Table 1
Characteristics of LSL cases and their parents

Members of the study triads (n=979 DNA samples) were genotyped for nine variants (Table 2). The genotype call rates ranged from 94% – 97%. The proportion of samples that provided discrepant results on repeat genotypes ranged from 0% to 0.8%, and the proportion of triads with genotype combinations that were incompatible with Mendelian inheritance ranged from 0.0% to 2.3%. All genotype data from families that included at least one genotype combination that was incompatible with Mendelian inheritance were omitted from all analyses (N=63 samples from 21 triads). In addition, all genotype data from individual samples that failed or provided discrepant results on repeat genotyping for four or more of the genotyped variants were omitted from all analyses (N=21 samples). The number of useable genotypes for each of the variants ranged from 855 – 891. The observed genotype distributions in case individuals and their mothers and fathers are presented in Supplementary Table 1.

Table 2
Genotyping assays for selected variants in eight folate-related genes

Log-linear analyses of individual variants and haplotypes formed by the two MTHFR variants were performed using data from all triads and a subset of triads selected to minimize heterogeneity and bias (see Methods). However, as the results obtained from these two sets of analyses were similar, only the results of the analyses using the full dataset are presented. The distribution of the analyzed triads, by genotypes of the mother, father and case, for each variant are provided in Supplementary Table 2.

Estimates of relative risk of LSL and 95% confidence intervals for the inherited and maternal genotypes, the likelihood ratio test statistics and associated p-values for the model comparisons for each variant are summarized in Table 3. A borderline significant association was observed between LSL and case genotype for the BHMT G742A variant (unadjusted p=0.06). Among cases, individuals with BHMT 742 GA and AA genotypes were at decreased risk relative to cases with the GG genotype (RRGA vs. GG = 0.91, 95% CI 0.67–1.25; RRAA vs. GG = 0.50, 95% CI 0.27–0.93). A single association with an unadjusted p-value <0.05 was also observed between LSL and maternal genotype. Specifically, the risk of having a child with a LSL was decreased among women with the MTR AG and GG genotypes as compared to those with the AA genotype (RRAG or GG vs. AA = 0.66, 95% CI 0.48–0.93, p=0.01. A dominant model was used for this variant due to the small number of mothers of cases (n=4) with the GG genotype). However, neither of these associations achieved significance when the false discovery rate was controlled at 0.05 (case BHMT G742A, p=0.06>0.003; maternal MTR A2756G, p=0.01>0.003). Analyses of the haplotypes formed by the two MTHFR variants provided no evidence on an affect of either the case or maternal haplotype on the risk of LSL.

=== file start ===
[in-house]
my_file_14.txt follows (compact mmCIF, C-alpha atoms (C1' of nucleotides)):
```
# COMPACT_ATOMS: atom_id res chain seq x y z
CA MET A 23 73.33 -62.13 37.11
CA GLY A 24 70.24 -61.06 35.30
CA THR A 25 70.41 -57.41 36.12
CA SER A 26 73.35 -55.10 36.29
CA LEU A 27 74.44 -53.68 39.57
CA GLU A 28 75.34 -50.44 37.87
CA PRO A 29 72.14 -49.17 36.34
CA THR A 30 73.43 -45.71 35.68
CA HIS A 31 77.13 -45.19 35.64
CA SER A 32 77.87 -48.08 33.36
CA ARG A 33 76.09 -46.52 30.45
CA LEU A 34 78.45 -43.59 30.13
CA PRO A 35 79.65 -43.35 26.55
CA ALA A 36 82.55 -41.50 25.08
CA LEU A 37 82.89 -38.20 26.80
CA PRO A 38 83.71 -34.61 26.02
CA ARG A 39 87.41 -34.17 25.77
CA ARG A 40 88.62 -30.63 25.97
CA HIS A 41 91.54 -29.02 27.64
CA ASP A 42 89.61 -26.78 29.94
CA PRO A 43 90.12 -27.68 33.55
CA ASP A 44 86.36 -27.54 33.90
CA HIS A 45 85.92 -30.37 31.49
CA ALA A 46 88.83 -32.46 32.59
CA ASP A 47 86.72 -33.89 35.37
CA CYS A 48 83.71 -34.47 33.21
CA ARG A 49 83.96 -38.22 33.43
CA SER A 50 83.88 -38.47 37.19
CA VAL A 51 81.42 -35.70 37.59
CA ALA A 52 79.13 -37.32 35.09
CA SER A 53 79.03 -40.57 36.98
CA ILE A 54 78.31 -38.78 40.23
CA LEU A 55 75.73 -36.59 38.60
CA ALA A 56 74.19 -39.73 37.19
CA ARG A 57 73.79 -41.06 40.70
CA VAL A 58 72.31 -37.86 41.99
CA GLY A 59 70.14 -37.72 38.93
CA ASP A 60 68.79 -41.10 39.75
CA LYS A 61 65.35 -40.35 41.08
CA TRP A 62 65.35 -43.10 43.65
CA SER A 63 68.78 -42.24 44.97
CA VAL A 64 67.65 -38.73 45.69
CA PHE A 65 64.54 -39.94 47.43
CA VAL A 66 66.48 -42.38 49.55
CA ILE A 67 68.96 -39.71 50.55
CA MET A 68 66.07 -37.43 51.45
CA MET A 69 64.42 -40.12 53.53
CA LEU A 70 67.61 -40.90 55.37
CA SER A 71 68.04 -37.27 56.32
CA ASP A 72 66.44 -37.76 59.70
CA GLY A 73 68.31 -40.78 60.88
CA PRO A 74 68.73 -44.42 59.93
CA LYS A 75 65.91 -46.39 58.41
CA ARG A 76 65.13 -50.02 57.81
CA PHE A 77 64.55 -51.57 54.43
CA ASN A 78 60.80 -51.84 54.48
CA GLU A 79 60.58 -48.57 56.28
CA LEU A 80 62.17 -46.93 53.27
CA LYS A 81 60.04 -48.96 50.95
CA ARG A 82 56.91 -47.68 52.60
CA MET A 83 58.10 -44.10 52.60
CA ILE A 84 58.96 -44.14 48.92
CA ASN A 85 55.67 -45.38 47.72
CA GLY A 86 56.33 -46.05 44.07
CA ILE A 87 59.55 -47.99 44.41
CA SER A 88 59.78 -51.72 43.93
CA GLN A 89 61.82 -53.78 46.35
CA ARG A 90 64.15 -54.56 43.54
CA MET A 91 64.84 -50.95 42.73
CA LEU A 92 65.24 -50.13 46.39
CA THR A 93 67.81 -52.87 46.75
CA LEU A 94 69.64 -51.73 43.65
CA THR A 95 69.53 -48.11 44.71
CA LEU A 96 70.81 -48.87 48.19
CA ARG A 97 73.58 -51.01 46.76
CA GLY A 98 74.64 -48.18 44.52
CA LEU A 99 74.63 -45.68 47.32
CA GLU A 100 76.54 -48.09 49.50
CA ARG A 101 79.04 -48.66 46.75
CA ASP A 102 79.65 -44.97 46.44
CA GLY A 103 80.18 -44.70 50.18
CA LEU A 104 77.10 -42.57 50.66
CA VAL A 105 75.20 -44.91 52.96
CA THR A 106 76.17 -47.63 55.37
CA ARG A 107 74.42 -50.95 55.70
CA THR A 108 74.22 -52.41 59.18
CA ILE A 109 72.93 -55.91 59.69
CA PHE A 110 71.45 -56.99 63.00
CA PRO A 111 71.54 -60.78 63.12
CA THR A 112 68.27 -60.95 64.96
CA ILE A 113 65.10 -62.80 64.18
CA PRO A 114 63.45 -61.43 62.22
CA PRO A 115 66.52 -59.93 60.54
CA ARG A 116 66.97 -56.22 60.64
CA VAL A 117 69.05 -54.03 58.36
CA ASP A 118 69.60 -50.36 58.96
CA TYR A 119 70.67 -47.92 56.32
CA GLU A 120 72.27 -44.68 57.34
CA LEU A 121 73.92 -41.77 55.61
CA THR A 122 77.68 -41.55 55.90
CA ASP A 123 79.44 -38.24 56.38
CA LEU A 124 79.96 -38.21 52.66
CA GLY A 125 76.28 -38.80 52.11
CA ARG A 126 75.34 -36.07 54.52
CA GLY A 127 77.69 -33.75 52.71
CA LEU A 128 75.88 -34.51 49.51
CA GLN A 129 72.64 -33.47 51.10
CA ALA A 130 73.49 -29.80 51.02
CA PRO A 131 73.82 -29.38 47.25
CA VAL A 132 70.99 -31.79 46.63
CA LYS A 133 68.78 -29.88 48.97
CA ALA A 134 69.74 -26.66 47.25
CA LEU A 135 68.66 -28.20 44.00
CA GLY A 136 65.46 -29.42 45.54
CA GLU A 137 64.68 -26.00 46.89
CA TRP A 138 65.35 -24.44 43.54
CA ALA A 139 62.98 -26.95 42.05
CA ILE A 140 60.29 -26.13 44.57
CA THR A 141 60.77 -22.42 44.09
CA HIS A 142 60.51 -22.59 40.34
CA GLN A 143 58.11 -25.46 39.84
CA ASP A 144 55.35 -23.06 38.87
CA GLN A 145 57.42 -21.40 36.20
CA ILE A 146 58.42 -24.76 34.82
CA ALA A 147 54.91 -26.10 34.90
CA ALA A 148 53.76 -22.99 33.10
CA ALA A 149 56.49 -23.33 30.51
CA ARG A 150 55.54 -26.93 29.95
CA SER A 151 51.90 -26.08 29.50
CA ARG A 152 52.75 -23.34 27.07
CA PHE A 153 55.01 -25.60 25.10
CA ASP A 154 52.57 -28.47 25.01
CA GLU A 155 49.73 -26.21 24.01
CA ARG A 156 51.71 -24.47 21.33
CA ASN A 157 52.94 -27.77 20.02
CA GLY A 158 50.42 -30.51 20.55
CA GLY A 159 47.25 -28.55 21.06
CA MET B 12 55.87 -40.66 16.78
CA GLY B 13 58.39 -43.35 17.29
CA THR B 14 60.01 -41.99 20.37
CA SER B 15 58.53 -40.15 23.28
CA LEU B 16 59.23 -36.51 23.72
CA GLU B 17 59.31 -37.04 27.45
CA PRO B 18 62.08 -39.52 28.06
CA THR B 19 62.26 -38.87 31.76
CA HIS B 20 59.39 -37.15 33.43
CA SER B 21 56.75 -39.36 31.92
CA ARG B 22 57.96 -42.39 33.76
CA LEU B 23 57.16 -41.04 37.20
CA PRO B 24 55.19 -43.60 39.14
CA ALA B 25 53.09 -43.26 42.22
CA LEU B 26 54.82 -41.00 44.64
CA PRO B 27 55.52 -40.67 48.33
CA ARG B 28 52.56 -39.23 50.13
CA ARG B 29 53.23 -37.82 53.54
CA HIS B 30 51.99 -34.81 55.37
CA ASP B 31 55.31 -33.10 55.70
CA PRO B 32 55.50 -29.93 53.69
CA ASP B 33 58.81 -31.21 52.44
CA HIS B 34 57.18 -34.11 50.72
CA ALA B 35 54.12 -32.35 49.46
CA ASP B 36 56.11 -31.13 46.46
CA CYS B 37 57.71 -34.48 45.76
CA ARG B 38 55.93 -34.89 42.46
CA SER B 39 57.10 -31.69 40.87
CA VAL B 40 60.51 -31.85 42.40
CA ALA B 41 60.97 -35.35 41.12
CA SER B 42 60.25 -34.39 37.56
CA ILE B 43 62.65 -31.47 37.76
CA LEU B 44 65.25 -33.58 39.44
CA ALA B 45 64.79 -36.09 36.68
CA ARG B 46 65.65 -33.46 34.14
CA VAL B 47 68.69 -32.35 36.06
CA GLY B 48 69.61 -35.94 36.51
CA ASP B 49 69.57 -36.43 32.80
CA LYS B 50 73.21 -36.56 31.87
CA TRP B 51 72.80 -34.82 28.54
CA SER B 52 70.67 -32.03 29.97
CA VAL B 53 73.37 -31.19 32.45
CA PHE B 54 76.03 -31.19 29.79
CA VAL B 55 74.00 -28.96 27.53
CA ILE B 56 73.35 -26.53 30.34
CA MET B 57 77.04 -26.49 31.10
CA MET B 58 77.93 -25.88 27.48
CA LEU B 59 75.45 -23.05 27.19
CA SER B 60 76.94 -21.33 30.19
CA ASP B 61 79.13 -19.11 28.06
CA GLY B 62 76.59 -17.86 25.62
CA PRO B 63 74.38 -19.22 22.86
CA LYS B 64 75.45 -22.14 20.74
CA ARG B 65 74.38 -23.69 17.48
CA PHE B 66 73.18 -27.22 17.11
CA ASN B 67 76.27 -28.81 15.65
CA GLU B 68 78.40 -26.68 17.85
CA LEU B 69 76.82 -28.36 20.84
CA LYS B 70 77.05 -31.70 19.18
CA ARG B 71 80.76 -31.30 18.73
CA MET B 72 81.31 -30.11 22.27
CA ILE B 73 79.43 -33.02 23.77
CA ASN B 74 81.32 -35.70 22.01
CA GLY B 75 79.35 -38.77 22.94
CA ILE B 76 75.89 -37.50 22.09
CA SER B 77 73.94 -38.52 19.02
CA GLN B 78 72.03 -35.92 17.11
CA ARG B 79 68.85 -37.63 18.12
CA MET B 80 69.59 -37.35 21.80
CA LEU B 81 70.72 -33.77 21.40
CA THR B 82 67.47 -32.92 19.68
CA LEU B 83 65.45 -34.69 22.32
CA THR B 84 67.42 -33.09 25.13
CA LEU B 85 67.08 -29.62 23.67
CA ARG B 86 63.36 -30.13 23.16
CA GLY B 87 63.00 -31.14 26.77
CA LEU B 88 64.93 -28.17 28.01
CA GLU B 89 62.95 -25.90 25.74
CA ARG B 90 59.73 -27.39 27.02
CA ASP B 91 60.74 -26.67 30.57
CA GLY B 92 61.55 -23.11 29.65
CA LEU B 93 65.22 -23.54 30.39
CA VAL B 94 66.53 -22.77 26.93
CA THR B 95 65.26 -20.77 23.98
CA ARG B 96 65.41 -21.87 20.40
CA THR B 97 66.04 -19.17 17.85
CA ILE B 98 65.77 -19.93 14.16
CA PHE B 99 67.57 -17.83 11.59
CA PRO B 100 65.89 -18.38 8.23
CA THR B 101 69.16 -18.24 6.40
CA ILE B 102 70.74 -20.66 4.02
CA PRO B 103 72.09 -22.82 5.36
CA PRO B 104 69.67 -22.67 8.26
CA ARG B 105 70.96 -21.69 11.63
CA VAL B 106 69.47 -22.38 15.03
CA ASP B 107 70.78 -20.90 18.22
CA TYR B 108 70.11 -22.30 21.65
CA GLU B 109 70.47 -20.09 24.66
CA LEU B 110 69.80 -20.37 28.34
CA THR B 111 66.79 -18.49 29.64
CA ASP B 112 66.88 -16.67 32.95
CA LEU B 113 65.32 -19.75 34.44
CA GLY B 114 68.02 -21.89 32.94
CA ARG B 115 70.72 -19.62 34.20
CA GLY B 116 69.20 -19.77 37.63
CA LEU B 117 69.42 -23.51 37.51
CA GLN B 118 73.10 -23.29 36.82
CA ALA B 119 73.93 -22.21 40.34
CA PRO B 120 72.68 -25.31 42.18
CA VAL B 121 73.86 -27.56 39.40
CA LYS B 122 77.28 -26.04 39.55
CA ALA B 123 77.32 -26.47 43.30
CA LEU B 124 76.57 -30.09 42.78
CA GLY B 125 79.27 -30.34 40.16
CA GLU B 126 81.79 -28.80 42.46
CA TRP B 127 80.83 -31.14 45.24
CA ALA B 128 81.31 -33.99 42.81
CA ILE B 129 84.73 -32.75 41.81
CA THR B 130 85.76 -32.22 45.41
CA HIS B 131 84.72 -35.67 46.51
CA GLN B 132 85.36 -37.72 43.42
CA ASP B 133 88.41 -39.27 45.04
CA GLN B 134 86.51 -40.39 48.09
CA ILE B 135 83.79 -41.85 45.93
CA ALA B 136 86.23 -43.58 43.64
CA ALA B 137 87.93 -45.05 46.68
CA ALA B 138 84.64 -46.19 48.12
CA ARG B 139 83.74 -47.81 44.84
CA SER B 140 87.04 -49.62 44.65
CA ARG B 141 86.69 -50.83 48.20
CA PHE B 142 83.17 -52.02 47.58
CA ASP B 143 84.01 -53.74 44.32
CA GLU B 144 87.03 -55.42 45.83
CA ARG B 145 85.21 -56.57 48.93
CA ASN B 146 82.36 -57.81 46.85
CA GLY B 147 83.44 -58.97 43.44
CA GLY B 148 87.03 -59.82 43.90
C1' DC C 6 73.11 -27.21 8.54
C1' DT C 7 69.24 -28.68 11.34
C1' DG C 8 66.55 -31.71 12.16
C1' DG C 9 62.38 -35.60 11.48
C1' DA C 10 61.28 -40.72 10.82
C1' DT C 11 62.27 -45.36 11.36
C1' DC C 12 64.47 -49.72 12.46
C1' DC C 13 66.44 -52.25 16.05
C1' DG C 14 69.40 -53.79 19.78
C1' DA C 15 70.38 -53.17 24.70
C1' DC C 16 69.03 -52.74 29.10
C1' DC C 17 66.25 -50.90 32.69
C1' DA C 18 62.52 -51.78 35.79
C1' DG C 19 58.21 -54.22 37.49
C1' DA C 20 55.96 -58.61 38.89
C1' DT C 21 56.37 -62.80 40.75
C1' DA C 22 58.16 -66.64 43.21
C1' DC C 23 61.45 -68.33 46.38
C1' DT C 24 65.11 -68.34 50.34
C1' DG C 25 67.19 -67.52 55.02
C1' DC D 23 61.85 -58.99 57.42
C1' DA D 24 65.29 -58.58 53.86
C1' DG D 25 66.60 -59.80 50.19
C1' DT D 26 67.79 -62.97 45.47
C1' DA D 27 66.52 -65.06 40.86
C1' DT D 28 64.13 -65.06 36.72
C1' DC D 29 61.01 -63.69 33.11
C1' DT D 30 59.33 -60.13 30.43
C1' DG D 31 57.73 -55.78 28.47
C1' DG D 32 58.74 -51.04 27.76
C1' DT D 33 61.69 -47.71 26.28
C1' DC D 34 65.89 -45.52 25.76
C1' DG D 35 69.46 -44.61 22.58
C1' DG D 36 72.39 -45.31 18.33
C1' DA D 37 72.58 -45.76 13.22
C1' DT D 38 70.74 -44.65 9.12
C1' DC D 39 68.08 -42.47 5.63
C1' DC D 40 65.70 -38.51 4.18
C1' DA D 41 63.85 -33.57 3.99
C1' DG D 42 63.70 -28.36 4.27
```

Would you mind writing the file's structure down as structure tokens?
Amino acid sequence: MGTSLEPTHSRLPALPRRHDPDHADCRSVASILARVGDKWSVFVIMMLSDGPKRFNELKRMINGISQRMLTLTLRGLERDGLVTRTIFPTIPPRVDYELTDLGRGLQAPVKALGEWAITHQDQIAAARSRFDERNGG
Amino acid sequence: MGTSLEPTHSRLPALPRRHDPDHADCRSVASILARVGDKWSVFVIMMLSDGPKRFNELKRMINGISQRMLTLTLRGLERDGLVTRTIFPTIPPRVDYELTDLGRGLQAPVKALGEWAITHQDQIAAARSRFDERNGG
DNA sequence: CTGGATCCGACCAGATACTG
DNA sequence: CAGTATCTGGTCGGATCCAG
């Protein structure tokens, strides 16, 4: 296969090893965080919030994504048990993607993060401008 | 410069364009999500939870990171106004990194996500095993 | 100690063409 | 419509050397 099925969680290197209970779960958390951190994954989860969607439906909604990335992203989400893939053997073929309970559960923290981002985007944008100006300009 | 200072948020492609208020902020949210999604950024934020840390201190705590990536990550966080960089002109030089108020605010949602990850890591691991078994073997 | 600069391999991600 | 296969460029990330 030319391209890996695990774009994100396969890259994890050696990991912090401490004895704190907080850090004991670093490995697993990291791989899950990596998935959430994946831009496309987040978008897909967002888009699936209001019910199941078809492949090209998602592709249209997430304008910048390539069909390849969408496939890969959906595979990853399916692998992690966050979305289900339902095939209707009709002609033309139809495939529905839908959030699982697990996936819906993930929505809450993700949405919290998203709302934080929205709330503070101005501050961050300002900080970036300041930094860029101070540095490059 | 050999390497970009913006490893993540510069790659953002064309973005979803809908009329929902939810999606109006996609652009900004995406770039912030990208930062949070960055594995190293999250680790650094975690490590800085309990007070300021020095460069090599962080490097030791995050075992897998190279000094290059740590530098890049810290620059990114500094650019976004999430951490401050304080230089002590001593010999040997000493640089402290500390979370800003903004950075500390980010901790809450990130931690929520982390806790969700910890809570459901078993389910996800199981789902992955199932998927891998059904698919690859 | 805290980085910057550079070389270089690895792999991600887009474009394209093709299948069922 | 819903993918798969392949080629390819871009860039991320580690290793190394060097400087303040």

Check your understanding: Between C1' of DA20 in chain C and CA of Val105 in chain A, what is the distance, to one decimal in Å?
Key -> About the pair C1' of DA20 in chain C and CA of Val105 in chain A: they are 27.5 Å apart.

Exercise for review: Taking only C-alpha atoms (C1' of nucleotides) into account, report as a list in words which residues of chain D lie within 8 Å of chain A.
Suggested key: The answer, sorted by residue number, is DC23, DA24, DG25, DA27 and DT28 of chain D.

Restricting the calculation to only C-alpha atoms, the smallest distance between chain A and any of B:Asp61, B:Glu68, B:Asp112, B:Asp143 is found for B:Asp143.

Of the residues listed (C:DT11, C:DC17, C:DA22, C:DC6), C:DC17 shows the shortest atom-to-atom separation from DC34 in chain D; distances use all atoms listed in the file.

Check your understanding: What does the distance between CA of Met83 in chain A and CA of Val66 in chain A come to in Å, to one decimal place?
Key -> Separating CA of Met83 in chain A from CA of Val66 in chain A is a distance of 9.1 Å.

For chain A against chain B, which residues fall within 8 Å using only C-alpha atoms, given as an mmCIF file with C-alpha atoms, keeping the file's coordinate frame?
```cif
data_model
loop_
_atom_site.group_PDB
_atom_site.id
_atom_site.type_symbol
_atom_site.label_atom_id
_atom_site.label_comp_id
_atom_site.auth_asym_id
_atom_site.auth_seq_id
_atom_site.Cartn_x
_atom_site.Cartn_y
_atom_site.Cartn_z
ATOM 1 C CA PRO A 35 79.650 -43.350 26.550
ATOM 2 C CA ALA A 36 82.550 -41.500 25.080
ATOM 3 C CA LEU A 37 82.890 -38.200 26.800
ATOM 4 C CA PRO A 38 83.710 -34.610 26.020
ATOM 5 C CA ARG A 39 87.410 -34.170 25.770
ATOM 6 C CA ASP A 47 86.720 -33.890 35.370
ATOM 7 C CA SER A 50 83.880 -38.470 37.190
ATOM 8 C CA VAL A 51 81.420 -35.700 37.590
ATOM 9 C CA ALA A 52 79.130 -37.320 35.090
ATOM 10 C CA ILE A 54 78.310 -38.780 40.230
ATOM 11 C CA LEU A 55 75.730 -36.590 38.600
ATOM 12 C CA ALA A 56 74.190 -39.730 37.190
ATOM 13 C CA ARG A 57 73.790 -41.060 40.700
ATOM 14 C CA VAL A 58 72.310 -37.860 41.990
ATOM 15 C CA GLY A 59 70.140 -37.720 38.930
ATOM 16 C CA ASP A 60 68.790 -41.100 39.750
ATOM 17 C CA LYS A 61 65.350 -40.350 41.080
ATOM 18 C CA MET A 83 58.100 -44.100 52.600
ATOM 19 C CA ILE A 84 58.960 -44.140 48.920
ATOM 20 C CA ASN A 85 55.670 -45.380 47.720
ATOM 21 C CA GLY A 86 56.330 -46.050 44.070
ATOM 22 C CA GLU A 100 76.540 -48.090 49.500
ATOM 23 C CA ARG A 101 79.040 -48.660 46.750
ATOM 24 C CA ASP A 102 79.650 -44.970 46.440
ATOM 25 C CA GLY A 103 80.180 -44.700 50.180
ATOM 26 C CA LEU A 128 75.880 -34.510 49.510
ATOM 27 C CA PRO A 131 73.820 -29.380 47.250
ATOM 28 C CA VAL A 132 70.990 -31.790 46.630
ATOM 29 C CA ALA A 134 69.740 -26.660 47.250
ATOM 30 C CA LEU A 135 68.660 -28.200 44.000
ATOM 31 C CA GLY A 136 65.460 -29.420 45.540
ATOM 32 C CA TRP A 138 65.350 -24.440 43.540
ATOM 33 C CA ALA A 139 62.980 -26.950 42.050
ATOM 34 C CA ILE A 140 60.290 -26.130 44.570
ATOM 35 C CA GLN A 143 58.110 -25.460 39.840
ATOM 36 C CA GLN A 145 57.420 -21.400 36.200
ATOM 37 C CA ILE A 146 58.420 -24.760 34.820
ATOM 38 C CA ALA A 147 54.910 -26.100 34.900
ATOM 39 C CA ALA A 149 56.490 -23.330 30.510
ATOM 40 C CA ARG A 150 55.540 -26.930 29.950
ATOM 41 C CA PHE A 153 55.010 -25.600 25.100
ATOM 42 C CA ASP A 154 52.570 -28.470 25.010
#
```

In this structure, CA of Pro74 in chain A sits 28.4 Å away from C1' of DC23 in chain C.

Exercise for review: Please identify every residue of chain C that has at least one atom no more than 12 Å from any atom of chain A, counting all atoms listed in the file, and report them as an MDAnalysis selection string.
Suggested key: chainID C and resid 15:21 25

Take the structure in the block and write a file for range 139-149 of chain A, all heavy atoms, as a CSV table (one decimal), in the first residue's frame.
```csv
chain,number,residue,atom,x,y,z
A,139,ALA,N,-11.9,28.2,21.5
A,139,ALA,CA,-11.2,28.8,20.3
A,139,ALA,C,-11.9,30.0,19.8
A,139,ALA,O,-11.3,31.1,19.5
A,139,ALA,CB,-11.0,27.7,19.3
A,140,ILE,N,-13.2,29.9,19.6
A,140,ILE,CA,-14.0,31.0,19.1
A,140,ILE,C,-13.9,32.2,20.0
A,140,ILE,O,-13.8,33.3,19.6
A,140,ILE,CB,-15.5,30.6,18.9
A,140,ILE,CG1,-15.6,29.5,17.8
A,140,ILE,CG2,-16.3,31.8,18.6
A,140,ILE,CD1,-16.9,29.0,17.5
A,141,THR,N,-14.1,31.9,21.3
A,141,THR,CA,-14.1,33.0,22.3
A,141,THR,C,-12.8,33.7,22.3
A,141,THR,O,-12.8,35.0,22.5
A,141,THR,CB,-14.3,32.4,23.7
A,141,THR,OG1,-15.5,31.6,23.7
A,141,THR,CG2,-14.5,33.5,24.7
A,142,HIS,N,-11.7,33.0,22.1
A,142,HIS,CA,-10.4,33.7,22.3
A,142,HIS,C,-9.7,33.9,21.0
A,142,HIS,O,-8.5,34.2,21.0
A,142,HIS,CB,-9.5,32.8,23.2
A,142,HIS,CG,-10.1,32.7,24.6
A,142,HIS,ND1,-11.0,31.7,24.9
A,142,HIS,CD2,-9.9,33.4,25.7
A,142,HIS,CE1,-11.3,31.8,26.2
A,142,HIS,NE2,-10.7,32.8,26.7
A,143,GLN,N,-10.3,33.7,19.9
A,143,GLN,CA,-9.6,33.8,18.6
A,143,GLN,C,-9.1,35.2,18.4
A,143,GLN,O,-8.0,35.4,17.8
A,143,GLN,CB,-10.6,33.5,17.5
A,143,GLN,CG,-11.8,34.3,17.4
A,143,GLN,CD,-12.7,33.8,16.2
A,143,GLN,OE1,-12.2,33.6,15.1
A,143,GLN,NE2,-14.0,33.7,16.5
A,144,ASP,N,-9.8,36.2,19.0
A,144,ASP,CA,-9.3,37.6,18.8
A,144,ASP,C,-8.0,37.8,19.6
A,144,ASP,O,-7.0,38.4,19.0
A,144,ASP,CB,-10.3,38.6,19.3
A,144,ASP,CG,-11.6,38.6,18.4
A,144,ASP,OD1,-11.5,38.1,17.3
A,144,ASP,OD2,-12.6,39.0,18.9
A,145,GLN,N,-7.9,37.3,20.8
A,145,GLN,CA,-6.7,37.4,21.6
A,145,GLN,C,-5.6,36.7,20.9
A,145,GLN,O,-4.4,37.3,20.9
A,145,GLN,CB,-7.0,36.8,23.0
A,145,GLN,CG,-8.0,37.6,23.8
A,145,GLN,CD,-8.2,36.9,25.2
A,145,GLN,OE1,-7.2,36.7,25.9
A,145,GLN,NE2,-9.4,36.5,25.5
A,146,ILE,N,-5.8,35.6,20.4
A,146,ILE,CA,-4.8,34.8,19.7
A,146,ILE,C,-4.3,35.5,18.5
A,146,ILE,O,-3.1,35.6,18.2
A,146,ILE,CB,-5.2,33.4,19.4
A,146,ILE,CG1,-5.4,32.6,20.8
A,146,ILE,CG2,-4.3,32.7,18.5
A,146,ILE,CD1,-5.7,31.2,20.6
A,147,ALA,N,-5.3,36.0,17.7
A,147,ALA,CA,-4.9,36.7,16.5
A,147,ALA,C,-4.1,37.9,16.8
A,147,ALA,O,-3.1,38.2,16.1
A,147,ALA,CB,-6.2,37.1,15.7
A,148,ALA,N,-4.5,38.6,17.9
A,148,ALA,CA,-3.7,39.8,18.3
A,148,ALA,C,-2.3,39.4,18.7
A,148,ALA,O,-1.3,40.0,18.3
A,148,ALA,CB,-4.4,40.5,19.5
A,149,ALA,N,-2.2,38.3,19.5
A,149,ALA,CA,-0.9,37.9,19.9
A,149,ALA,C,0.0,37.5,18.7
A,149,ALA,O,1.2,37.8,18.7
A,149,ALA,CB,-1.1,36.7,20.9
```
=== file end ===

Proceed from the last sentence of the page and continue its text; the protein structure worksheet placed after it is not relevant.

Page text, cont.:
Table 3
Summary of log-linear modeling results for case-parent triads based on full group


The most extensively studied folate variant, MTHFR C677T, has been inconsistently associated with the risk of CHD (van Beynum and others, 2007). The results of our study, as well as those of the single previous study of LSL and MTHFR C677T (McBride and others, 2004), indicate that this variant is not strongly related to the risk of LSL.

The MTHFR A1298C variant has also been inconsistently associated with the risk of CHD. While this variant was not strongly related to the risk of LSL in this study, the two largest studies of this variant and CHD risk identified an association with conotruncal malformations (Goldmuntz and others, 2008) and with a group of CHD including septal, conotruncal and LSL (Hobbs and others, 2006). Hence, the MTHFR A1298C variant may only be associated with specific subsets of CHD and, therefore, difficult to detect in study samples that include heterogeneous CHD phenotypes.